From the testimony of Jonathan D. Moreno
These factors do not justify theft, but file-sharing is not simply an attack on the concept of private property. It is a demand for access to a highly valued social commodity, a demand triggered and facilitated by technology. A new interpretation of the social contract is emerging, and industry and the law must take note.
If file-sharing is the wave of the future, as many believe it is, then adversarial approaches should not be the first, and certainly not the only response. Though aggressive prosecution may result in a short-term deterrent, in the long run it cannot stem the cultural tide.
In the short run, the industry should expand its effort to acquaint us with its moral strangers, the hard working men and women behind the scenes. Taking a longer view, the music industry must adapt its business model to the new culture. It must explore measures to renew consumers’ sense that they are being dealt with fairly. Devising alternative pricing structures through the Web, developing technologies that allow for appropriate personal use, and building more value into the product are among the constructive approaches that should be at least as aggressively pursued as legal remedies.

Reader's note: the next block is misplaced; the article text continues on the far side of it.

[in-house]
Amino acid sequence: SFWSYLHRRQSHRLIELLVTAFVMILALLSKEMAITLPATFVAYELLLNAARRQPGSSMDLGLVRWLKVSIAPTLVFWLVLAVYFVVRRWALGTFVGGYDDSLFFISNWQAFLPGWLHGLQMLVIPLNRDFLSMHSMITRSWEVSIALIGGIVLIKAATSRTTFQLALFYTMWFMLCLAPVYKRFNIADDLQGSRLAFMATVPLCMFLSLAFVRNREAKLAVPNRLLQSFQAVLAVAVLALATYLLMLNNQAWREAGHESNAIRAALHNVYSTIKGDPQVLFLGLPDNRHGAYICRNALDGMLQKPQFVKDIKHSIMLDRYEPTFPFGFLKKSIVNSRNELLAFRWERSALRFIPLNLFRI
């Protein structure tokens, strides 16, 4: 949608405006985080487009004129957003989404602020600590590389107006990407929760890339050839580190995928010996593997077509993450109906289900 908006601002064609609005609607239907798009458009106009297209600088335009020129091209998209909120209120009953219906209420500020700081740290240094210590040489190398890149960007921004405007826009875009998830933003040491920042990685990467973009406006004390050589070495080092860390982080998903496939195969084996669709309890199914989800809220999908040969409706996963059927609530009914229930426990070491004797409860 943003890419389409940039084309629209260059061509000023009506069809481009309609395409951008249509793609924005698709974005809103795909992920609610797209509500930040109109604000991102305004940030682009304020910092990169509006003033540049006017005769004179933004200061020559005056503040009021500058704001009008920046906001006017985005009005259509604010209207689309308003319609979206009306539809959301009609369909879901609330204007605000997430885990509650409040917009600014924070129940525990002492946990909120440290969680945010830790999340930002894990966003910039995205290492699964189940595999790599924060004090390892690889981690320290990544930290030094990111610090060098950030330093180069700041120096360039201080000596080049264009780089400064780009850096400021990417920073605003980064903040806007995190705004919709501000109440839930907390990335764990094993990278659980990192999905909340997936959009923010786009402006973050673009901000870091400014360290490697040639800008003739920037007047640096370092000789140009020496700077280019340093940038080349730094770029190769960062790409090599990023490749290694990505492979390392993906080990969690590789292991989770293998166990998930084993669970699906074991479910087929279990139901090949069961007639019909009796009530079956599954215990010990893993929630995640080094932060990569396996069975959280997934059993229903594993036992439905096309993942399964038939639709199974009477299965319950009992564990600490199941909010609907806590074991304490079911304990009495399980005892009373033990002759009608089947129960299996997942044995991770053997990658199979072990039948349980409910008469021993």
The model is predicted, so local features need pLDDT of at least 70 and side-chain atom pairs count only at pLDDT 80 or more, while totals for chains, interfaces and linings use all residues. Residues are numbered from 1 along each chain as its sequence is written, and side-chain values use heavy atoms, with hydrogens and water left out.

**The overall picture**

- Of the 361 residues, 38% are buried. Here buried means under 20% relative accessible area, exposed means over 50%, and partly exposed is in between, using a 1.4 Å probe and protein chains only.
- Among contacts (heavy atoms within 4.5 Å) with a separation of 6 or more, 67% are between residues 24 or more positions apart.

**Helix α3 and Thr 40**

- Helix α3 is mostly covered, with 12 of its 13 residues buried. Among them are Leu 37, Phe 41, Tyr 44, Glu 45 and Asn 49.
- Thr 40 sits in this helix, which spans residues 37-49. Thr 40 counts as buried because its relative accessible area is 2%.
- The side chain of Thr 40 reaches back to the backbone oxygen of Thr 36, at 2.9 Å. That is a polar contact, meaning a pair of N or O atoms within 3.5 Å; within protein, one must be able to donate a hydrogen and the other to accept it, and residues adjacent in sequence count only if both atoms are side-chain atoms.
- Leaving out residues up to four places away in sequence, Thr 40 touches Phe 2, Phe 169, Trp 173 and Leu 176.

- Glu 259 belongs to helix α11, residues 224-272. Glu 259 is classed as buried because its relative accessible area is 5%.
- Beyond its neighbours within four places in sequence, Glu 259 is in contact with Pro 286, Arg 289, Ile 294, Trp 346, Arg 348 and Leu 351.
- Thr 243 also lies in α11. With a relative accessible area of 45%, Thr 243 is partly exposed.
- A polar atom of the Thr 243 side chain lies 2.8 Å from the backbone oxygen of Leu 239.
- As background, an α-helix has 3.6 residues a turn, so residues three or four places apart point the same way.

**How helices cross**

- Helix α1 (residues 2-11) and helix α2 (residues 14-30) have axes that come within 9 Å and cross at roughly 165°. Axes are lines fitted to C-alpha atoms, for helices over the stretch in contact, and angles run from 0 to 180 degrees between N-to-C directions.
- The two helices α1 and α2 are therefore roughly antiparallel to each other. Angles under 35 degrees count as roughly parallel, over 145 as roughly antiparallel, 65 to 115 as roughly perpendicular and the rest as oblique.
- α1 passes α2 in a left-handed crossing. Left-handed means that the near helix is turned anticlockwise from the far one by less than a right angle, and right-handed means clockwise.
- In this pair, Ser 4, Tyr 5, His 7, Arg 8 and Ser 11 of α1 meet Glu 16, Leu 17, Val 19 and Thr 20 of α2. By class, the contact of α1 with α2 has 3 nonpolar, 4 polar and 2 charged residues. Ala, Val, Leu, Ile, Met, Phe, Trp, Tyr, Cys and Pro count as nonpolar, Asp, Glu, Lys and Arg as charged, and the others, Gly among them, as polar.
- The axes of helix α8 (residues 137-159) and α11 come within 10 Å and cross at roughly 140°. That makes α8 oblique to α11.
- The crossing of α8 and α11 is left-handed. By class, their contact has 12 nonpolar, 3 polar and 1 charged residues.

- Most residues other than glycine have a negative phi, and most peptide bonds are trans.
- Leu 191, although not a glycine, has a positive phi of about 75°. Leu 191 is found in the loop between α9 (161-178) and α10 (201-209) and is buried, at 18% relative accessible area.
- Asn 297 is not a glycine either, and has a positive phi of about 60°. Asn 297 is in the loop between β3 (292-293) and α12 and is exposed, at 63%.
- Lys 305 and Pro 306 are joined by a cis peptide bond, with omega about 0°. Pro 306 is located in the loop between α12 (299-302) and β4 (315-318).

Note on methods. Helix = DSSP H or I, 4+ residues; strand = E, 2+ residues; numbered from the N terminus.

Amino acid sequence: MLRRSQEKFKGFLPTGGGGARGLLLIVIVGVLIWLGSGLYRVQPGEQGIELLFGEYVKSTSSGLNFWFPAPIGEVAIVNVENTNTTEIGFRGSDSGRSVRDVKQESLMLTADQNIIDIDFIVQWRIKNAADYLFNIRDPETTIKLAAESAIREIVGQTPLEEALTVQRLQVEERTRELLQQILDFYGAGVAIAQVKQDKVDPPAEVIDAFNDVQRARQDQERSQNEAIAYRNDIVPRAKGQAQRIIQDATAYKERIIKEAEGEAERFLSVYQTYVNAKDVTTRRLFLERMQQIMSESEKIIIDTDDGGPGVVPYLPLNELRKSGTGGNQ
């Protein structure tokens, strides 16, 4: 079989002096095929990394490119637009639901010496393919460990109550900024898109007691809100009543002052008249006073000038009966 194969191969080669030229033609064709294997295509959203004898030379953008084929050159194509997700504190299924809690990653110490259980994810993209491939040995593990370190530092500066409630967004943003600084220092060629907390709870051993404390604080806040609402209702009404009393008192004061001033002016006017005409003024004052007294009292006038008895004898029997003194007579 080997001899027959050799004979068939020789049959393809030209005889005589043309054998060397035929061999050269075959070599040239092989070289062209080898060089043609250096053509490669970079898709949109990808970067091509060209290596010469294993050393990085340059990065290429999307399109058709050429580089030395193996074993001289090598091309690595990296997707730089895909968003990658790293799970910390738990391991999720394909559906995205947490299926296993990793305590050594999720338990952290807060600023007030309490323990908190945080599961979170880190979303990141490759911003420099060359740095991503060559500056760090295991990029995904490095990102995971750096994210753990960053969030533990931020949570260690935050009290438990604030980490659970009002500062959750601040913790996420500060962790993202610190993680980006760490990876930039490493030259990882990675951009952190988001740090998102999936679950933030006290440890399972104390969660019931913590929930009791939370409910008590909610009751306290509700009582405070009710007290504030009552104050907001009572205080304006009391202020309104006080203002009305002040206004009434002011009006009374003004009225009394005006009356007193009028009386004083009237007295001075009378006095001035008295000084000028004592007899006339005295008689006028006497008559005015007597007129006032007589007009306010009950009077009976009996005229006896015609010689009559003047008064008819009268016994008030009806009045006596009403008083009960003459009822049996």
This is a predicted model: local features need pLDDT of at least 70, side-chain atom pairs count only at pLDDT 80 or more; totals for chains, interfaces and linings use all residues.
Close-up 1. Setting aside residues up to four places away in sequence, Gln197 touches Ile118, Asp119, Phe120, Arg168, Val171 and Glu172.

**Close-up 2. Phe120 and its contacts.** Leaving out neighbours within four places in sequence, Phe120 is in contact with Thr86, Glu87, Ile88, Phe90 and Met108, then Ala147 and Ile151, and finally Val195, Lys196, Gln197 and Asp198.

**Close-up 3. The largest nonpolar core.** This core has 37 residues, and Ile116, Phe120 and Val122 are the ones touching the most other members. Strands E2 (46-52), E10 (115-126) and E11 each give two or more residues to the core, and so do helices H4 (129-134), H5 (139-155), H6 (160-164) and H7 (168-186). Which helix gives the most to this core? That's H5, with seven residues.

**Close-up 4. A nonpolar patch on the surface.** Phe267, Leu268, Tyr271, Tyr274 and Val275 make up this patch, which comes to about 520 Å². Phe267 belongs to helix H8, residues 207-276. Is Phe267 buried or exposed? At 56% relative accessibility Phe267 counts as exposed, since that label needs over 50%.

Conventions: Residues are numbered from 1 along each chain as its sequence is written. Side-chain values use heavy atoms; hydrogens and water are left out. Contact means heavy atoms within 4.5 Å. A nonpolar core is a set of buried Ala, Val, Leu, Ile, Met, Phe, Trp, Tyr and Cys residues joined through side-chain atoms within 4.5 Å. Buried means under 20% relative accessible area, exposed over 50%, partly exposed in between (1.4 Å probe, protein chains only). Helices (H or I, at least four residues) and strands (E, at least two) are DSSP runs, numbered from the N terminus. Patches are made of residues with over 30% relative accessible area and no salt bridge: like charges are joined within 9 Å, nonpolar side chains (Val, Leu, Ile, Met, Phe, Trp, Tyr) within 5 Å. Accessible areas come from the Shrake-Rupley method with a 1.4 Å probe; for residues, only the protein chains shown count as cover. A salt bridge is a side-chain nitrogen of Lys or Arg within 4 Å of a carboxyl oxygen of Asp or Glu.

In their wisdom, the framers of the constitution specified that inventors should have rights over their products “for limited times.” They were concerned to balance the right to property with the need for civil society to flourish through the vibrant exchange of ideas. Artistic media are especially important for social flourishing because they create the common coin of human experience. In this field, civil society itself is changing, and the music industry must change with it. Measures to protect the legitimate interests of artists and the industry should be as creatively and sensitively crafted as the artistry itself.